The Past and Future City: How Historic Preservation Is Reviving America’s Communities

Stephanie Meeks, with Kevin C. Murphy. Island (CDC, dist.), $30 (344p) ISBN 978-1-61091-709-4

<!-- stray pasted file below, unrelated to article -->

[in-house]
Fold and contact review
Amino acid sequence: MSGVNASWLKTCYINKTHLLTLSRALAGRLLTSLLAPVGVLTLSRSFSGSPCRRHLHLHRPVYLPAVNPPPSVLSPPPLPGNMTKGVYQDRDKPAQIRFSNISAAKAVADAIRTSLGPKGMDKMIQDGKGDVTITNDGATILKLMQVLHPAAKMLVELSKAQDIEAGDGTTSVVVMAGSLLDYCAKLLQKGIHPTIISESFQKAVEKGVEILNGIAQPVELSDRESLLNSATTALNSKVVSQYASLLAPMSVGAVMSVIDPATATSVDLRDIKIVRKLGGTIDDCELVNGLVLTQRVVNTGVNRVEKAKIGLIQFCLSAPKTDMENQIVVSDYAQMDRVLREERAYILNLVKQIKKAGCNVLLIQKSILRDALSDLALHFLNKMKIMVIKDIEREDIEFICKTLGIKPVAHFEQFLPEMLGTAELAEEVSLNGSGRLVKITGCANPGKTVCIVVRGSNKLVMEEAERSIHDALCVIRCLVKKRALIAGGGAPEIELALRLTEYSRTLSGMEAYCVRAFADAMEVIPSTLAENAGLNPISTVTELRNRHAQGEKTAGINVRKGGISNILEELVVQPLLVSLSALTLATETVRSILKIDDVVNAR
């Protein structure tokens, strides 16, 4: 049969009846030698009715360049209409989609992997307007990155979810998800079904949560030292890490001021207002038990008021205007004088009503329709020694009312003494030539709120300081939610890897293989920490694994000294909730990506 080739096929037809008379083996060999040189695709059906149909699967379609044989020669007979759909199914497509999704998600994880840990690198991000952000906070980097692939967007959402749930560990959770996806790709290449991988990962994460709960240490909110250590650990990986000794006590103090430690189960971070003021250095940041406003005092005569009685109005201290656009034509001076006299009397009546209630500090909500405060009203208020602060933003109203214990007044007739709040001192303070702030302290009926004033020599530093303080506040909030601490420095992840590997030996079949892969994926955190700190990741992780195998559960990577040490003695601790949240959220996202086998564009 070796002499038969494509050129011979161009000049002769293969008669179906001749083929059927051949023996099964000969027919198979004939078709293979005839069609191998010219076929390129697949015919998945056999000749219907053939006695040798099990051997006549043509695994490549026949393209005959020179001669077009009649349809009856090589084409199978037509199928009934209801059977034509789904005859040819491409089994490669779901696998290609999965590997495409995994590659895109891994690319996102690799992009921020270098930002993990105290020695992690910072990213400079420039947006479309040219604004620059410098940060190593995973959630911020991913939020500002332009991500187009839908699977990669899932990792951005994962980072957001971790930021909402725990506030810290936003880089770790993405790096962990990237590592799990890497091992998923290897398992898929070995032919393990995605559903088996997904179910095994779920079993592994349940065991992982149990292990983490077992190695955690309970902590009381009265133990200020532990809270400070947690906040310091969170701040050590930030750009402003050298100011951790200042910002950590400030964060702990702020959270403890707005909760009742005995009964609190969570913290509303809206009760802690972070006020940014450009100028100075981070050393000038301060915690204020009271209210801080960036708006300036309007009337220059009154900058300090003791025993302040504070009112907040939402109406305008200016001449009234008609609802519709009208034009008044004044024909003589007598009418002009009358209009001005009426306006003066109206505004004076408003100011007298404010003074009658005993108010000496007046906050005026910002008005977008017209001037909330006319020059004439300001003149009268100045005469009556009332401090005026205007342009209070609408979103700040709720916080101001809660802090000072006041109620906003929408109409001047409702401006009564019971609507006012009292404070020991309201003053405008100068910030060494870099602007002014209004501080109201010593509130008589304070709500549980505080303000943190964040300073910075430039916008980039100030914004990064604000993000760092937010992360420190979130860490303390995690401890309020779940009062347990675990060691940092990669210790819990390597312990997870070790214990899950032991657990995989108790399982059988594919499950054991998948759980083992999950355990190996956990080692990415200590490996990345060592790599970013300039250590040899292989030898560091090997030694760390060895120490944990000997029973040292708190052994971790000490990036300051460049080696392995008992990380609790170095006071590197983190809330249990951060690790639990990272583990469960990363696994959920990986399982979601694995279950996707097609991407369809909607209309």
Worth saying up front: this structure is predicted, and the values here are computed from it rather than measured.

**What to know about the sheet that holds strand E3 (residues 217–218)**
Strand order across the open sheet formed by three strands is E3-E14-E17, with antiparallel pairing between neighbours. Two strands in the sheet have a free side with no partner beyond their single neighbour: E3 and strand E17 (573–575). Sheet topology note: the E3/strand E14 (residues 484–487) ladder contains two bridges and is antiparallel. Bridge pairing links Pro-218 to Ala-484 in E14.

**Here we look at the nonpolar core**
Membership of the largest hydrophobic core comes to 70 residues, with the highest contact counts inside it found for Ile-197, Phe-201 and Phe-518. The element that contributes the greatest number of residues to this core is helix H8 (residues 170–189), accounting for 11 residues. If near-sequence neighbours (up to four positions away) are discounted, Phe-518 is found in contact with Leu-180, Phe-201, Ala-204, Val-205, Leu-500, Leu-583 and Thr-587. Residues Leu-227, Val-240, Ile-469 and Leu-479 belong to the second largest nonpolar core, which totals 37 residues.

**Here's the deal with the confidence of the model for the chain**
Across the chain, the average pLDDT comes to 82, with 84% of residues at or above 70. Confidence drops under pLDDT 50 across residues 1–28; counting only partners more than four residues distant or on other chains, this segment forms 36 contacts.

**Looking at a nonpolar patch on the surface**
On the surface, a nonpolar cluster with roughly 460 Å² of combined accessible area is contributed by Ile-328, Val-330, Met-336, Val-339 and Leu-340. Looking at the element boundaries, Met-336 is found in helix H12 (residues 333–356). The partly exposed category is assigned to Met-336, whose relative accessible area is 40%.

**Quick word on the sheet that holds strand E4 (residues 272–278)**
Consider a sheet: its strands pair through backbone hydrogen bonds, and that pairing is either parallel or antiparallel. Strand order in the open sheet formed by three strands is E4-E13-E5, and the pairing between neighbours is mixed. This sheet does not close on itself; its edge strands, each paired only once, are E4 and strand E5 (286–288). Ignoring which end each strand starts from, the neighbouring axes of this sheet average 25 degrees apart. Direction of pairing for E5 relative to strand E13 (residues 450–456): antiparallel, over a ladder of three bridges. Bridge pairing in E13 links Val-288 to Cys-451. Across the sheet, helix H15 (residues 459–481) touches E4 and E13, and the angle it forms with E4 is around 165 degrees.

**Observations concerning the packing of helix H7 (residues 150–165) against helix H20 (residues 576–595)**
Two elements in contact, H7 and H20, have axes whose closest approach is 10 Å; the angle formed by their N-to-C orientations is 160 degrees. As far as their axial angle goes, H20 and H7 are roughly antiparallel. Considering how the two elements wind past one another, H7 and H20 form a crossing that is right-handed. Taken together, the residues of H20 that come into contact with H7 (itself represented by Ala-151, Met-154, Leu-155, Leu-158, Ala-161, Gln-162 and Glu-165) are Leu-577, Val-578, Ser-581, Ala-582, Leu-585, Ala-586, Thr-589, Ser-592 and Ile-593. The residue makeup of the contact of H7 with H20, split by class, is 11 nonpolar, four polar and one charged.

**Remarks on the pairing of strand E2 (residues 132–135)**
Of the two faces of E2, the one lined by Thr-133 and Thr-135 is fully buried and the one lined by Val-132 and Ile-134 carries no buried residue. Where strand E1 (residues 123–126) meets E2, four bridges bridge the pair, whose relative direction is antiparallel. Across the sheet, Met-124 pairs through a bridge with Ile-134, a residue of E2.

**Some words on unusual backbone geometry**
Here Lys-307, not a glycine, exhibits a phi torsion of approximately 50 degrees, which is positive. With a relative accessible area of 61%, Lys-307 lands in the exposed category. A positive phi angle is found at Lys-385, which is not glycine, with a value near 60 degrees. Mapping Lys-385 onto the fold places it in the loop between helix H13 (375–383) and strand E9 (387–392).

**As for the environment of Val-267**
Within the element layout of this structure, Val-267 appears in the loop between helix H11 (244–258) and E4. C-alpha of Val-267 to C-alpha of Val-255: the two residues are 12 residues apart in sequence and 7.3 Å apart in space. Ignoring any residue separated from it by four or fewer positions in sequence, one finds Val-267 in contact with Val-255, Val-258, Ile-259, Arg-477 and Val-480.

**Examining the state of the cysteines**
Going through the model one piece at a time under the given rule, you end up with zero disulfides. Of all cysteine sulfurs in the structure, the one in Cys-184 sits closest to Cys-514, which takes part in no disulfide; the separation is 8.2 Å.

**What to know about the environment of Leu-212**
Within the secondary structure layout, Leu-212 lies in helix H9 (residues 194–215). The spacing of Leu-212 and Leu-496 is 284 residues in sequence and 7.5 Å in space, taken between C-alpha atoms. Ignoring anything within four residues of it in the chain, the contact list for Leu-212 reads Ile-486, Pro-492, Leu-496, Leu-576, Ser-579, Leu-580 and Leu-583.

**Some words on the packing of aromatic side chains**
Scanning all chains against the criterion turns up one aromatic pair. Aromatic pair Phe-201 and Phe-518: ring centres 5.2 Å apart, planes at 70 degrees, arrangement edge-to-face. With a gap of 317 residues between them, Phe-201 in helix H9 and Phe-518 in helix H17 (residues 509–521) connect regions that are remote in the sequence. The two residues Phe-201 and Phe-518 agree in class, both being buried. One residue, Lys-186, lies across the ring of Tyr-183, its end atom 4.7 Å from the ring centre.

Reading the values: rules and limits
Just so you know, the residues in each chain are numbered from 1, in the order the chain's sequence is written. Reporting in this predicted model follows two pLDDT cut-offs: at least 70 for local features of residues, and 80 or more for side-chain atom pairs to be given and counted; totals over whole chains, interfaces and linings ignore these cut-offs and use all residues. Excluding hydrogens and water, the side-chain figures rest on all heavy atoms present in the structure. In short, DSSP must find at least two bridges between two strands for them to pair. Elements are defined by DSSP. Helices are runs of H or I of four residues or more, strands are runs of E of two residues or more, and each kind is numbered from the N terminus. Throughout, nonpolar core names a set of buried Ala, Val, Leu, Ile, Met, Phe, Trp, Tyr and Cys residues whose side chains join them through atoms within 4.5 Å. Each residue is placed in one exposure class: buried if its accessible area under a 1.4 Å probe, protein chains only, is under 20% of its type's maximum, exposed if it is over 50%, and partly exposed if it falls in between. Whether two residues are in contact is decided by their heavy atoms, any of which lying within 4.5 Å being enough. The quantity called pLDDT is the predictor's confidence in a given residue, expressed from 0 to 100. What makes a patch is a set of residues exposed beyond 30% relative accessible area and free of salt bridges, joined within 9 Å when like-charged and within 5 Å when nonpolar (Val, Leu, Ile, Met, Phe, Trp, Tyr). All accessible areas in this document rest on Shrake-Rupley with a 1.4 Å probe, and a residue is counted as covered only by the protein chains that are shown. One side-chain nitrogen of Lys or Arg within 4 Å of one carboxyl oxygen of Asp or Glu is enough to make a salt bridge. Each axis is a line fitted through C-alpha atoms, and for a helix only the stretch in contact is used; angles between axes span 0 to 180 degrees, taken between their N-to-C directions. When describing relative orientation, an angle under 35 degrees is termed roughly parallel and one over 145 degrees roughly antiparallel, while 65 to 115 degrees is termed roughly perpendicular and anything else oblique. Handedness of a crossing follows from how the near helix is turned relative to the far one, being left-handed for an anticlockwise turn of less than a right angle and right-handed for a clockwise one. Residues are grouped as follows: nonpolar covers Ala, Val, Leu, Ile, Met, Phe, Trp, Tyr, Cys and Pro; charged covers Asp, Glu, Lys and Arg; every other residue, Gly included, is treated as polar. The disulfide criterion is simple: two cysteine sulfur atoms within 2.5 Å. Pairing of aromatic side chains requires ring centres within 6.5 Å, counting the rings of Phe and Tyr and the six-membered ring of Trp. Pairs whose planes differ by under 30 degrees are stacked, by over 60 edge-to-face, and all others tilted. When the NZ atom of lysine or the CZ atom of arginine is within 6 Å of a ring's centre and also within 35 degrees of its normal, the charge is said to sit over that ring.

Meeks, president of the National Trust for Historic Preservation, and speechwriter Murphy make an impassioned and well-argued case for the economic, environmental, and social value of preservation and active reuse of the nation’s historic buildings. Drawing on data collected by the trust’s own Preservation Green Lab as well as a half-century of urban studies scholarship, Meeks and Murphy seek to counteract the stereotype that preservationists resist change and contribute to gentrification. Across seven chapters, the authors use concrete examples of preservation working to strengthen local communities, encourage economic revitalization, support environmental sustainability, and provide affordable residential and business real estate. They advocate persuasively for preservation that seeks to document all of America’s histories, as well as for policies that work to counteract social and economic inequalities. Though smalltown and rural America do appear, the authors disproportionately focus on urban centers such as Boston, New Orleans, New York, Seattle, and Washington, D.C. At times the work reads as a celebration of the National Trust’s positive influence on the United States. These weaknesses aside, the book is an articulate call to action that should be of interest to scholars, community organizers, and policy makers in municipalities across the country. [em](Oct.) [/em]